"In the high valleys (where there's lots to eat) they are just like most insects. The males call, and the females choose among males. But when protein is scarce, the roles reverse," Lorch says.
In a protein-poor environment, "Males often call once and then hunker down, and the females fight over them. So the males basically are choosing among the females. It's exactly the opposite."
The females are eager to mate, he said, because "the male gives the female a large gift every time they mate," Lorch says. "It looks like a cheese ball. Basically, it's 10 to 20 percent of the male's body weight every time they mate," delivered as spermatophore.
When there's not enough to eat, that's a pretty impressive gift, so the males can have as many females as they want. But that's not why they're called Mormon crickets.
That name goes back to the days when the Mormons were establishing farms and ranches to supply their colonies in Utah. The crickets arrived and began devouring their crops.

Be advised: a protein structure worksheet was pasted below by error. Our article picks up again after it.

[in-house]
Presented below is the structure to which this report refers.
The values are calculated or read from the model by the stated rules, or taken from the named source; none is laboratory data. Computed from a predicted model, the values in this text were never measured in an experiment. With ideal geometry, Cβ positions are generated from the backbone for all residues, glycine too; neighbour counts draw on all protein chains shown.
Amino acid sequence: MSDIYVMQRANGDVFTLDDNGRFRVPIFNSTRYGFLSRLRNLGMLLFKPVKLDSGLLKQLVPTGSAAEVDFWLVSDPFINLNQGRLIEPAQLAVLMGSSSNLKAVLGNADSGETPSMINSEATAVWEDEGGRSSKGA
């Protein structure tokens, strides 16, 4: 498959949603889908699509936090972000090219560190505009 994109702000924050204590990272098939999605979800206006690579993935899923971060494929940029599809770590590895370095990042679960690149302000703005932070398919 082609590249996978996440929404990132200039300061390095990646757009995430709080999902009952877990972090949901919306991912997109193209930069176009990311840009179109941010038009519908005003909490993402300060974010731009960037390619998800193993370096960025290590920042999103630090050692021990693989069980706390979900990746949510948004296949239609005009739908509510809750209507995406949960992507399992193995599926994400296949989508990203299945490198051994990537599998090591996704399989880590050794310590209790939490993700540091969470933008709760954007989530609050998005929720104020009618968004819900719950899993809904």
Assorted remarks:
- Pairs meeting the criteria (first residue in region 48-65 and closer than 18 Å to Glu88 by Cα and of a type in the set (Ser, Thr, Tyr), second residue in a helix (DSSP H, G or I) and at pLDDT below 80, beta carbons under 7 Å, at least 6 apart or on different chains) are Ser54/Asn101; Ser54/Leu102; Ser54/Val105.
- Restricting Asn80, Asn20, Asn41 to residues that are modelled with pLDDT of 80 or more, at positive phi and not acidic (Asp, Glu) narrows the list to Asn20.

"The Mormons thought God sent them as a plague of locusts," Lorch says. "They had a huge problem, but apparently they repented or stopped whatever they were doing wrong, and God sent seagulls to save them from the crickets. That's why if you go to the Mormon Tabernacle in Salt Lake City you'll see a monument to the seagull."
The U.S. Department of Agriculture, which has funded most of Lorch's research, has developed poisons to protect vital crops from the crickets, so today's farmers are better prepared than those first Mormon settlers. But that doesn't mean they are home free.
A report out of the University of Wyoming notes that while the crickets can dine on more than 400 species of plants, they relish cultivated crops.
"They feed voraciously on wheat, barley, alfalfa, sweet clover, truck crops and garden vegetables," the report says. So the threat is real.
Nevada alone has estimated that 10 million to 12 million acres will be infested by the end of summer. Some states, including Oregon, have issued warnings to motorists because the goo from squashed crickets can make a highway as slippery as ice.
It's not a pretty picture. But it's not easy being a Mormon cricket.